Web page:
Purdon, C., & Clark, D. A. (1994). Obsessive intrusive thoughts in nonclinical subjects. Part II. Cognitive appraisal, emotional response and thought control strategies Behaviour research and therapy, 32(4), 403–410.
Rucklab continues to review the saga of CBT for OCD. We have now reached 1994 when Purdon & Clark investigated 270 subjects cognitive, emotional, and thought control responses to their most upsetting intrusive thought, image or impulse.
Results showed that the stronger one believes that he/she could act on the intrusion, the more persistent and less controllable the intrusive thought. The authors conclude that perceived responsibility for harm or danger occurring to self or others is a critical factor in the escalation of unwanted intrusive thoughts, images and impulses.
High scoring subjects also reported greater efforts to avoid cues that might trigger the intrusion, stronger belief that they could act on the intrusion, and less success in utilizing their most typical thought control strategy in efforts to suppress the upsetting intrusive thought.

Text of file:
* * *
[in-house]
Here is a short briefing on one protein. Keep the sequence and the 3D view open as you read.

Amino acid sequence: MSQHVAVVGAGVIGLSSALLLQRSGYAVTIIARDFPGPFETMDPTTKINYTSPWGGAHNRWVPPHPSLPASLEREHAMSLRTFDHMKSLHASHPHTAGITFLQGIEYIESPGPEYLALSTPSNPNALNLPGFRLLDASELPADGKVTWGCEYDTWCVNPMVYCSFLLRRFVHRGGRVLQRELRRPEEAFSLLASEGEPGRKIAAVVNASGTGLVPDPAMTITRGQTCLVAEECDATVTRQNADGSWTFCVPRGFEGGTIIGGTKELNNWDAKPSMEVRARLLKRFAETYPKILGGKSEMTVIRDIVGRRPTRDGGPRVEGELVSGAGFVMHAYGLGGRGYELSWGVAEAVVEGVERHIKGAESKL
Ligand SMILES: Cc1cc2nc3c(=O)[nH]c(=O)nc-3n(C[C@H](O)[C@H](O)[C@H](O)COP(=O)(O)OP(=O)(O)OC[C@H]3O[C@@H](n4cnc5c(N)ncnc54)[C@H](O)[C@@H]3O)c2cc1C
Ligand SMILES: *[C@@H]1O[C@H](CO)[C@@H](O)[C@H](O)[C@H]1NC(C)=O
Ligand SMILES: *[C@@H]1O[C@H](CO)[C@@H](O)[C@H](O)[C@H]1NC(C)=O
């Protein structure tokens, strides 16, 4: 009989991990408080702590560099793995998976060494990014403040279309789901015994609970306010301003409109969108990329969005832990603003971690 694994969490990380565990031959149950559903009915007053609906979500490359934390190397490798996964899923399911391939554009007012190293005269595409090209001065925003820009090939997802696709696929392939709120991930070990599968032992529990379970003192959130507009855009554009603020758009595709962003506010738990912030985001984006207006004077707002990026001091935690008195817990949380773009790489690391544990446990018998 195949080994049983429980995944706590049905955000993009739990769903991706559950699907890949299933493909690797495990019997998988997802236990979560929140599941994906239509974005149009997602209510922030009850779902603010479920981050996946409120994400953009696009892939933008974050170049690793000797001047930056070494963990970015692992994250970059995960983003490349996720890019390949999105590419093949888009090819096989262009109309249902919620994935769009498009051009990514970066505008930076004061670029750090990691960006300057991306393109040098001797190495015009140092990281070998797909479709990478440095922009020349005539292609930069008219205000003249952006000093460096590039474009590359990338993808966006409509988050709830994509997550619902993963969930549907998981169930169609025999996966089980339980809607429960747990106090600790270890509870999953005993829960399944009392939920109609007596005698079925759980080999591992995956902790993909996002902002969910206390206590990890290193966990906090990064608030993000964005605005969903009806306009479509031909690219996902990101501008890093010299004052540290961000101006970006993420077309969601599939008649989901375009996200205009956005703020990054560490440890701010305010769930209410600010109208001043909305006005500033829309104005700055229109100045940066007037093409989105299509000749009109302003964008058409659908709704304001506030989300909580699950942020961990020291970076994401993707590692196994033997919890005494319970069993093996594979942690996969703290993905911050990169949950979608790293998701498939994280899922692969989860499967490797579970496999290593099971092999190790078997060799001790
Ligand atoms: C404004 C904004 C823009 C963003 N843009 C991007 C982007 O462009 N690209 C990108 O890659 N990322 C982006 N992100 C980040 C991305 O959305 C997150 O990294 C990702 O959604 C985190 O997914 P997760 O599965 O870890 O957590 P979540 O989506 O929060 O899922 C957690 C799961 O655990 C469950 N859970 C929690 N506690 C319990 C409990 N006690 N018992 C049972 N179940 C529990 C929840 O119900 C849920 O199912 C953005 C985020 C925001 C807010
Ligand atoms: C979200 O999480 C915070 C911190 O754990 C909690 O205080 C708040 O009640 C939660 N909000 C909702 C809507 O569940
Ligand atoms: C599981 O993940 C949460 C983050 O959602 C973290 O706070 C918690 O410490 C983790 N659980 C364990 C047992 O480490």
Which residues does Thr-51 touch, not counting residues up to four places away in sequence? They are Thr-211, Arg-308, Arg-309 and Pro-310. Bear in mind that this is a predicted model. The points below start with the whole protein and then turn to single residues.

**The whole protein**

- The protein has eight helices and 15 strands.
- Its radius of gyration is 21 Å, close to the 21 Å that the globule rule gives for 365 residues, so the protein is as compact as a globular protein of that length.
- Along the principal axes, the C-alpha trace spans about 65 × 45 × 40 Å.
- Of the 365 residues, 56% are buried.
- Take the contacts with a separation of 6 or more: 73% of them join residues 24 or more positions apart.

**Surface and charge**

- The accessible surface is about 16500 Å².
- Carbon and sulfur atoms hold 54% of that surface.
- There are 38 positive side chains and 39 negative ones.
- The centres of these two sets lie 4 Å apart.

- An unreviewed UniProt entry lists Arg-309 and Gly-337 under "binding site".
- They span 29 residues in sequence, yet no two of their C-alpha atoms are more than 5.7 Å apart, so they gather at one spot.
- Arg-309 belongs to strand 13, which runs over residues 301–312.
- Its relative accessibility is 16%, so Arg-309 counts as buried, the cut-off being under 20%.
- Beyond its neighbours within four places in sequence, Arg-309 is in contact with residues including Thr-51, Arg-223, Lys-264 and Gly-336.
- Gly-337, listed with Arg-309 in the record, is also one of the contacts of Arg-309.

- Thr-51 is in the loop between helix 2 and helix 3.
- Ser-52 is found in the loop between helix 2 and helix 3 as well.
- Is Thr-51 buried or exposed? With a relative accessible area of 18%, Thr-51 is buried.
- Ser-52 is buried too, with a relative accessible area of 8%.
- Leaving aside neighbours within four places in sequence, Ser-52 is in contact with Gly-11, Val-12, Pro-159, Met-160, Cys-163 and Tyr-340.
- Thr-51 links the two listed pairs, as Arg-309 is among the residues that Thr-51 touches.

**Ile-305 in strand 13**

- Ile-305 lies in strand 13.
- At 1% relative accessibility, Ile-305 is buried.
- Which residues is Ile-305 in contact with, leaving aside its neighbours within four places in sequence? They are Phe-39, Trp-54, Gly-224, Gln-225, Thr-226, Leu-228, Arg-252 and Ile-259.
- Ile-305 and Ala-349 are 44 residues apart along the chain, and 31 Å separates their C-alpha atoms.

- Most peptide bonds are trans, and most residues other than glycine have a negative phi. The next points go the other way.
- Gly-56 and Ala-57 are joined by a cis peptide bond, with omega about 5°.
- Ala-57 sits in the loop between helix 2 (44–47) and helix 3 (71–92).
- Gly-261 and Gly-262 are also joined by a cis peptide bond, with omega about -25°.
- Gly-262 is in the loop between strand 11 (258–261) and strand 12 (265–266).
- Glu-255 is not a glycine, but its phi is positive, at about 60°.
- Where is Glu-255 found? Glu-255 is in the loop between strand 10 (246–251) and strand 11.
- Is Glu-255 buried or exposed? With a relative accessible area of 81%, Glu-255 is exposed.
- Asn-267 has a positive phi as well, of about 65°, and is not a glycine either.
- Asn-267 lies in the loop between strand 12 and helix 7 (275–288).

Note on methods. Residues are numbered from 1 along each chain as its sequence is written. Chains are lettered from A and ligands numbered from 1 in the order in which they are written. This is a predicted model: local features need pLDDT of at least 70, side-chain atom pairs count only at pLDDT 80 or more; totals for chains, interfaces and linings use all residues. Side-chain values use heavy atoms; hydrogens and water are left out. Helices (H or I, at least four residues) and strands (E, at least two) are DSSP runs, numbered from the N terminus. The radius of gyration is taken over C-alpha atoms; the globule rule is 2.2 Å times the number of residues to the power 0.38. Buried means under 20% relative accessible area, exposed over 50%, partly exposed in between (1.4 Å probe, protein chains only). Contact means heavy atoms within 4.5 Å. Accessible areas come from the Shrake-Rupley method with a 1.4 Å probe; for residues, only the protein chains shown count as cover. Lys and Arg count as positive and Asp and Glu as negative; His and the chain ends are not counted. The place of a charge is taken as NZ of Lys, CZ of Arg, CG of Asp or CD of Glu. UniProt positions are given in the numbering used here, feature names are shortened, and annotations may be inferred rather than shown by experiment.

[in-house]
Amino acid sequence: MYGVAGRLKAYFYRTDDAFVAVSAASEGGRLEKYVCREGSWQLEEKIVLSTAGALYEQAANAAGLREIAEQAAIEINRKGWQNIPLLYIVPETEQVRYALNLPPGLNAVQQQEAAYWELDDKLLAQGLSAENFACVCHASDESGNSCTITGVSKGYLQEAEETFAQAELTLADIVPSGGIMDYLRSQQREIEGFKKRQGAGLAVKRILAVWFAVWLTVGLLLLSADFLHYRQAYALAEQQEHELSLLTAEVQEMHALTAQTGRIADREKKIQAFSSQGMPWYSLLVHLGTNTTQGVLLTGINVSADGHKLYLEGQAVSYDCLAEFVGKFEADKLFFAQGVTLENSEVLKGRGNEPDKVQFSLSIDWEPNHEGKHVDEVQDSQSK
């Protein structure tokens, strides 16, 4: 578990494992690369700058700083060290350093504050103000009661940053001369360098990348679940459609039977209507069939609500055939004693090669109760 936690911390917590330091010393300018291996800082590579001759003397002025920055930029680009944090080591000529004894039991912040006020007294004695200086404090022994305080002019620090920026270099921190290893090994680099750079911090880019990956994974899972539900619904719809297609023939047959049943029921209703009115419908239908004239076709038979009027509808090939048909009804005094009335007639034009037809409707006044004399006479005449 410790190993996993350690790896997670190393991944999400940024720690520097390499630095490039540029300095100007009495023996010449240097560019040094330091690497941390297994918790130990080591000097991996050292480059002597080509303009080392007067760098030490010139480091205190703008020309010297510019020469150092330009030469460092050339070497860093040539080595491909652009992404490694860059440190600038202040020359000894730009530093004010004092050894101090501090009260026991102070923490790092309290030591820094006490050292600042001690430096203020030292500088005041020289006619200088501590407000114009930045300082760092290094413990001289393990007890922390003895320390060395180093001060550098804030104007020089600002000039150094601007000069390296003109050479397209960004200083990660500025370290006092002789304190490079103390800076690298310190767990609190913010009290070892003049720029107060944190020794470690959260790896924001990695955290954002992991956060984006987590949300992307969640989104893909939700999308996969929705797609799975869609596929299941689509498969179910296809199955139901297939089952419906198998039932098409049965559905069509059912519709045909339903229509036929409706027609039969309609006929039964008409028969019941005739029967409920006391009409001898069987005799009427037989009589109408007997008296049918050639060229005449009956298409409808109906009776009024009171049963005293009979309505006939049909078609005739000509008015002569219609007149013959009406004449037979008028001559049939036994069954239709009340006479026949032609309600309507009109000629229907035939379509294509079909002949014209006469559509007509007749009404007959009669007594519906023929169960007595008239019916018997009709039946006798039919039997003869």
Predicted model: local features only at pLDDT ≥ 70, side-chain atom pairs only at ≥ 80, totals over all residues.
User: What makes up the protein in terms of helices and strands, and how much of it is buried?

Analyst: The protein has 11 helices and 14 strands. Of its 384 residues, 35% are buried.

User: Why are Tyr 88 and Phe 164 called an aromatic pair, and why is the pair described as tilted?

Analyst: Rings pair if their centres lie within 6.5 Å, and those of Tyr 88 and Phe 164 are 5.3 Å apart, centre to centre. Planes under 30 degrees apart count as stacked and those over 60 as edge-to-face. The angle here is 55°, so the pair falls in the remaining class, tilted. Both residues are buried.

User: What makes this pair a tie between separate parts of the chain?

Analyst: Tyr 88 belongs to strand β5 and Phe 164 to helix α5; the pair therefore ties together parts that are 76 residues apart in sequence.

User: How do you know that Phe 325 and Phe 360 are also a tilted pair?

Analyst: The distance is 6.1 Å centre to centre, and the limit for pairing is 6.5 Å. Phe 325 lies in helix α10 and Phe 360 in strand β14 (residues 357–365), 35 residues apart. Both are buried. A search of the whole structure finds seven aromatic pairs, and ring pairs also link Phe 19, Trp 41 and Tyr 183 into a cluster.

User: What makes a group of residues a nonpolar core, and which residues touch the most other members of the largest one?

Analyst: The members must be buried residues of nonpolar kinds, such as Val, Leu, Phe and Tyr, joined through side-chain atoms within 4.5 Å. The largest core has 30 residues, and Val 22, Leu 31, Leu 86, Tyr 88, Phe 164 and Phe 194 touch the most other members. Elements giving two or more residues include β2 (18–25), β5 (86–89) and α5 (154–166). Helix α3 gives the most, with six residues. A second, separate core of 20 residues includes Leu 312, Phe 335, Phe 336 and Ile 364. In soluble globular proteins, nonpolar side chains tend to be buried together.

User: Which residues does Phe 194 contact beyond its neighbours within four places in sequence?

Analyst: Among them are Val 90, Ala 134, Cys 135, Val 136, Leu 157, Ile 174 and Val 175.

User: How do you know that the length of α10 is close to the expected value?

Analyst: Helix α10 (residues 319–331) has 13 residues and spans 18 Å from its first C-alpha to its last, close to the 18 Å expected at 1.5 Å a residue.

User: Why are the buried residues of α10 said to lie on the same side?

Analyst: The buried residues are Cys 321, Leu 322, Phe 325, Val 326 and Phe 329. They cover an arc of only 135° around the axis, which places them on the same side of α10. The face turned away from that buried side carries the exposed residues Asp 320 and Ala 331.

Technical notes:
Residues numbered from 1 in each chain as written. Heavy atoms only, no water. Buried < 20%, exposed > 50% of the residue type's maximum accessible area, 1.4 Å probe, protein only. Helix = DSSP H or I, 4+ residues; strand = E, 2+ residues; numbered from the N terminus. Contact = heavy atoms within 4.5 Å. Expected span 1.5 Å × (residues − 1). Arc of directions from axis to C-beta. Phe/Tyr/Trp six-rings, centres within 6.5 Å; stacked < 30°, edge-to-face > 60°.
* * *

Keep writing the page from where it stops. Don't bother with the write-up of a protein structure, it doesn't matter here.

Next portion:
Why is this interesting?
This is one of the milestones in the current CBT model for OCD. The authors conclude that “Our findings are consistent with the cognitive behavioural model of obsessions proposed by Salkovskis which contends that dysfunctional beliefs involving exaggerated harm and personal responsibility are crucial in the persistence of unwanted intrusive thoughts and obsessions. We are continuing research in this area as a means of understanding why some individuals present with persistent and uncontrollable intrusive thoughts, images and impulses.”
One thought on “It is not that you have an obsession that matters, what matters is what you make of the obsession and how you act on it.”